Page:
Confronted with the Anthropocene, modern humans, who have, as aforementioned, through their exosomatic (and now hyper-industrial) activities transformed and harmed the biosphere, and now it is the technosphere itself, as a planetary network of technical systems, that seems to occupy the driver’s seat, and on many interrelated scales. Departing from the opposition between technological humankind and nature, we have to reconsider the relationship between various phenomena found in the technosphere: on the one hand, the depletion of resources, the destruction of ecosystems and the reduction of biodiversity under the effect of extractivist capitalism based on the exploitation of fossil fuels; on the other hand, the disruption of institutions, the destruction of cultures and the reduction of noodiversity under the effect of computational capitalism based on the exploitation of data.

In such a context, the challenges of achieving ecological and technological transitions can no longer be addressed separately. Instead, a transversal approach to these overlapping phenomena is required.

Human dynamics, as embodied in the social sciences and humanities, must be integrated with biophysical dynamics. The human dimensions of the earth system must therefore go well beyond economic models and incorporate human social, cultural and economic systems and the deeper human characteristics that capture our core values and how we view our relationship to the rest of the Earth System. The biggest challenge is to understand human activities and social structures as the least predictable, but at present also the most influential component of our planet. The current linear economic system of extracting resources, generating products and disposing of them, is reaching its limit. This linear system is creating a large amount of waste that is not only  depleting resources and polluting our planet, but also, leaving aside social, environmental and economic opportunities. Rethink the current economic system and to drive a system that is restorative or regenerative from its intention and design.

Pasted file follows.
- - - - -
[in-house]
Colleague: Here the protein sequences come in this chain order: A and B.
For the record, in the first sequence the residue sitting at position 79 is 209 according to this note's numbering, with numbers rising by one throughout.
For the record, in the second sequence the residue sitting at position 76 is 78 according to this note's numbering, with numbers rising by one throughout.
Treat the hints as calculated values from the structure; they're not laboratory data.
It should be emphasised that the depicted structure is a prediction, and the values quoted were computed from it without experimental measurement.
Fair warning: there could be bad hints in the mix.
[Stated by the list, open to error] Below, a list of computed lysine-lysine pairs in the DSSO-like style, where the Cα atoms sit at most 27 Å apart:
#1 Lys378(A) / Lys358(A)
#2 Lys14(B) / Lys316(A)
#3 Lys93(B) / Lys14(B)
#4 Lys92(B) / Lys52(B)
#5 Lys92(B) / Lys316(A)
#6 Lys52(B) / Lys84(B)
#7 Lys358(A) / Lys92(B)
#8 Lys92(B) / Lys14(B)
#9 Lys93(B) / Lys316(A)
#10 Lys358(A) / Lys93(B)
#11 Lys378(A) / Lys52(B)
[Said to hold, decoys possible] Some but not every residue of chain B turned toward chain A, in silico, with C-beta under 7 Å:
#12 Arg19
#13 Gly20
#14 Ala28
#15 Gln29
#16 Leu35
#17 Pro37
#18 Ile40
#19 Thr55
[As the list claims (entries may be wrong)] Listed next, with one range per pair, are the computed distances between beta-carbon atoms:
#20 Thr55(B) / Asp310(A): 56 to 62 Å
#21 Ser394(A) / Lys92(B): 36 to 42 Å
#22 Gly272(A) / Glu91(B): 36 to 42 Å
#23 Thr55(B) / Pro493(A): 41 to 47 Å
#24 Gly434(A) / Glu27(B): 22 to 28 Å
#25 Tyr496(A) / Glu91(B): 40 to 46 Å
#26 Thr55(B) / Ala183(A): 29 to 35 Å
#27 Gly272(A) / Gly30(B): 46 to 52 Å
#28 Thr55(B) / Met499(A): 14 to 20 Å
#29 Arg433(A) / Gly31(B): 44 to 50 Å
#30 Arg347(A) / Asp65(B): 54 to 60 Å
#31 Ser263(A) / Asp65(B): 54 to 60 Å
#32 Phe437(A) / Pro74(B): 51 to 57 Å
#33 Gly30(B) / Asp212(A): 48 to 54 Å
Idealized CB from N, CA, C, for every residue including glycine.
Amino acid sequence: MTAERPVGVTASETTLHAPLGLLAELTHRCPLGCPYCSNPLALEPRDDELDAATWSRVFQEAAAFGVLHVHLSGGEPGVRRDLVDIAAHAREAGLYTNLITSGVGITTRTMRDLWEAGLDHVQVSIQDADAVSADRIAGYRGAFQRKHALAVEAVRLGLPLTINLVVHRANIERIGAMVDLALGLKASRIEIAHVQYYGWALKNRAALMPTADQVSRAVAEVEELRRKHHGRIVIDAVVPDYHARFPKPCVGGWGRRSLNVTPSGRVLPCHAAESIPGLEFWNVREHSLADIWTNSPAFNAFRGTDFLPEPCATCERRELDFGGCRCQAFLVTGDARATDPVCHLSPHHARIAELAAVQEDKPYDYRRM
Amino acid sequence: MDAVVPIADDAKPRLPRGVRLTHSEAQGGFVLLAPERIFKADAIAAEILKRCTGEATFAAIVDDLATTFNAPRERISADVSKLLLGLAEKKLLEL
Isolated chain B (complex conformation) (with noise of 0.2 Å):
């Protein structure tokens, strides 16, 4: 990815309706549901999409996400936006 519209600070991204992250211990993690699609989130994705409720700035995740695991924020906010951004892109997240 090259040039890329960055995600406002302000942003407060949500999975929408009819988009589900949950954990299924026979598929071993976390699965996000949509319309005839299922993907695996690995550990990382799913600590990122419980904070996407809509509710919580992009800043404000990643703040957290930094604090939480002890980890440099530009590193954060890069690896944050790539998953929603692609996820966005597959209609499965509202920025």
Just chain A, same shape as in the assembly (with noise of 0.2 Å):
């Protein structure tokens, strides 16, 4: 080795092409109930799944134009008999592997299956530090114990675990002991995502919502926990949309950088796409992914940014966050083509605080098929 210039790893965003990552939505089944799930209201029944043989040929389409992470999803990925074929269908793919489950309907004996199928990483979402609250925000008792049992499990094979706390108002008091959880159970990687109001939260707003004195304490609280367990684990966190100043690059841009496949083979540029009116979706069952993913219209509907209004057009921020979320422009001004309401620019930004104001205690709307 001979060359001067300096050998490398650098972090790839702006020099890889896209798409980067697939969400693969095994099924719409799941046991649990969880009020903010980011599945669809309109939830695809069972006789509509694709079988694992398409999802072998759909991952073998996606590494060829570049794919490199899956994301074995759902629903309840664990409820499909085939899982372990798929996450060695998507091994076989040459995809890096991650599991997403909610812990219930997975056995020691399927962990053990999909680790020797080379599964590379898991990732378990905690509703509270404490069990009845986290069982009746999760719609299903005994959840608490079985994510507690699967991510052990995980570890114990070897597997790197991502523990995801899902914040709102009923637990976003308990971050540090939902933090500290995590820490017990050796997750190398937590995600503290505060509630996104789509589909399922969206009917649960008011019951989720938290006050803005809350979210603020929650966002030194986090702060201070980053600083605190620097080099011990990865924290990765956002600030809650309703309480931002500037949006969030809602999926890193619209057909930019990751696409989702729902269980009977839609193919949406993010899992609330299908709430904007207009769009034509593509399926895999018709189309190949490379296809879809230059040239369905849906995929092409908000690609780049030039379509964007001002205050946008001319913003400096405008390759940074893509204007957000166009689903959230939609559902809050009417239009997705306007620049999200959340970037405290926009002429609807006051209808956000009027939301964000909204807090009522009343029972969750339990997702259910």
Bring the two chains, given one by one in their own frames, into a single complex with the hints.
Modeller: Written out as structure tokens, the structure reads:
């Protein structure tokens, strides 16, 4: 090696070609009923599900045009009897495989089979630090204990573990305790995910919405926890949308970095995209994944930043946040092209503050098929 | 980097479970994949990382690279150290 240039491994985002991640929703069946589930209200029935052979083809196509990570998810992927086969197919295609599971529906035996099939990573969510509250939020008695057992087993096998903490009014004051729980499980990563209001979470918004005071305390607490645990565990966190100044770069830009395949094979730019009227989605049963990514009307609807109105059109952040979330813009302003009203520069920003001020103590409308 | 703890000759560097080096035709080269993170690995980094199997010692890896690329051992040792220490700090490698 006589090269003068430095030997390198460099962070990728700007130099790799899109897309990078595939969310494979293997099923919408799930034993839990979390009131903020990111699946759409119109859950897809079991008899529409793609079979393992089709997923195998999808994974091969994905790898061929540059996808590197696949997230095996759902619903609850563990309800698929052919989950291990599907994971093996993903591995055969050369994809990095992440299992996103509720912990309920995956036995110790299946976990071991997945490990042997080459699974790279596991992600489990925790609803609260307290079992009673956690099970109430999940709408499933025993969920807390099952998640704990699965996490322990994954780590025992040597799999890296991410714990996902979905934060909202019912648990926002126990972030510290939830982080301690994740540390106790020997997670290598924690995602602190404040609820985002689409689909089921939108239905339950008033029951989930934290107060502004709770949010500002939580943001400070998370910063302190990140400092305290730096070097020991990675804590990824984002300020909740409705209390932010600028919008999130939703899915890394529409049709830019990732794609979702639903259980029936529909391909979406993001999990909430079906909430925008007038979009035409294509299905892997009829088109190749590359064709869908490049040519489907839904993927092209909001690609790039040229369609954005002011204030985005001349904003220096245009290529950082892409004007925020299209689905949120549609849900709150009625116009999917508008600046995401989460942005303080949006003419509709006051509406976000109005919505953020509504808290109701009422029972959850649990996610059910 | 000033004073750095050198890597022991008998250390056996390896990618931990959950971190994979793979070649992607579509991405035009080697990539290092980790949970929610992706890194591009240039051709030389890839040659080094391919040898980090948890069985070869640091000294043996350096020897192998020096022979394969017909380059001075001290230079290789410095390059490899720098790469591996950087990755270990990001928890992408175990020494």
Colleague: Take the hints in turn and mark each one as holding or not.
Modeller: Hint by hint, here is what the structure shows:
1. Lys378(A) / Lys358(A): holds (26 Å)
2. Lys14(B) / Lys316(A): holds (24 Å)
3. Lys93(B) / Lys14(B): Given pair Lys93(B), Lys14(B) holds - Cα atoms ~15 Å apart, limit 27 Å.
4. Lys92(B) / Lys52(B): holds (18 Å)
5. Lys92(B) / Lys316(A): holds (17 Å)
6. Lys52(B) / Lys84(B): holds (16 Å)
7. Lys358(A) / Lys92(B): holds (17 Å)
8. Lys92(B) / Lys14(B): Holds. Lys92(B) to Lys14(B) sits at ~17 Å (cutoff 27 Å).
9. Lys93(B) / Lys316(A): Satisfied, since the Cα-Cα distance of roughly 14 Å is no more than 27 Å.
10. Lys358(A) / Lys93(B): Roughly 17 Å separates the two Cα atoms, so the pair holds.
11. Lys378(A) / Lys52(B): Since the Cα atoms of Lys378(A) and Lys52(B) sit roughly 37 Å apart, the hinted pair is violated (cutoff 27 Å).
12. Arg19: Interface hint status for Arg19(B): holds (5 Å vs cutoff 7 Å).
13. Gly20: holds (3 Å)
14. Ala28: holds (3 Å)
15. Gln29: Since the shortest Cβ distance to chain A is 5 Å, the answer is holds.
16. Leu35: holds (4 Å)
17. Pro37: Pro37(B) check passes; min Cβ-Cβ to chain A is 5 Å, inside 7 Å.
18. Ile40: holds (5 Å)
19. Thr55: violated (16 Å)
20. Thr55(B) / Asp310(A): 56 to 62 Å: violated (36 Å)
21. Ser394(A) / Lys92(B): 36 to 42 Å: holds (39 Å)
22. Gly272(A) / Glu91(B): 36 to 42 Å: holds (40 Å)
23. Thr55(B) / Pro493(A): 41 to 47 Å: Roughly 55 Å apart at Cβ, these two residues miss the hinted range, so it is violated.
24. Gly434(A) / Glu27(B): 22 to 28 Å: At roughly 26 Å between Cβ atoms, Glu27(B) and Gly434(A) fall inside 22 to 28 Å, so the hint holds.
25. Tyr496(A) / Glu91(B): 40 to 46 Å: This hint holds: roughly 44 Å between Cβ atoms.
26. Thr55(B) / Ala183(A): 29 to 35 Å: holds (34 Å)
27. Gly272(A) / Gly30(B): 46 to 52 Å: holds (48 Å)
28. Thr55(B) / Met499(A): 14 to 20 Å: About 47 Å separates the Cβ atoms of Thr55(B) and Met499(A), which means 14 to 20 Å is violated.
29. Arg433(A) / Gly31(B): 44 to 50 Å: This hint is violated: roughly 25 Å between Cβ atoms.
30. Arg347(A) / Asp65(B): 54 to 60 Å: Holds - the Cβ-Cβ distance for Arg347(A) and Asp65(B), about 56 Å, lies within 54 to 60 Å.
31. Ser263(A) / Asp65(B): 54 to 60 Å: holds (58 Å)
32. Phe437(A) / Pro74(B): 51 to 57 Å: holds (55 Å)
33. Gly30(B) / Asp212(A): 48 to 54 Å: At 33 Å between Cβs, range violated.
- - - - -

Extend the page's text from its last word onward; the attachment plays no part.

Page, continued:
The knowledge that human activity now rivals geological forces in influencing the trajectory of the Earth System has important implications for societal decision making. While recognizing that different societies around the world have contributed differently and unequally to pressures on the Earth System and will have varied capabilities to alter future trajectories, the sum total of human impacts on the system needs to be taken into account for analyzing future trajectories of the Earth System. And, with it, Earth’s ability to support complex life. But the mainstream is having difficulty grasping the magnitude of this loss, despite the steady erosion of the fabric of human civilization.

All life, including human life, ultimately depends on the wellbeing of our host planet as a vast, interconnected, synergistic system. Without life, the face of the Earth would motionless and inert.  The biosphere is a profoundly dynamic place, with a vast variety of living organisms interacting with one another.  Natural and human systems, from large-scale climate systems to local ecosystems and communities, can behave in complex ways, including abrupt changes and threshold behavior. The understanding of interlocking Earth system cycles and human interactions becomes of upmost importance at a time when the relationship between humans and our biosphere is becoming ever more precarious.

I am so overwhelmed by the colossal challenges facing the international community and given existence of a human optimism bias that triggers some to underestimate the severity of a crisis and ignore expert warnings the response has been insufficiently.

This is a critical decade for humanity and at the same time an unprecedented opportunity. A different world, a different economy is feasible, desirable and necessary. We have the tools to design resilience to future crises rather than simply react to disaster. But we need political will and joined-up leadership.

The challenges that lie before us is unlike any other ever faced by humankind. As a society we must acknowledge humanity’s greatest existential threat, bend the curve, avert the impending disaster and opt instead to embark on the fastest and most exciting social and economic transformation in human history.

 

 

Leave a Reply


× zeven = 14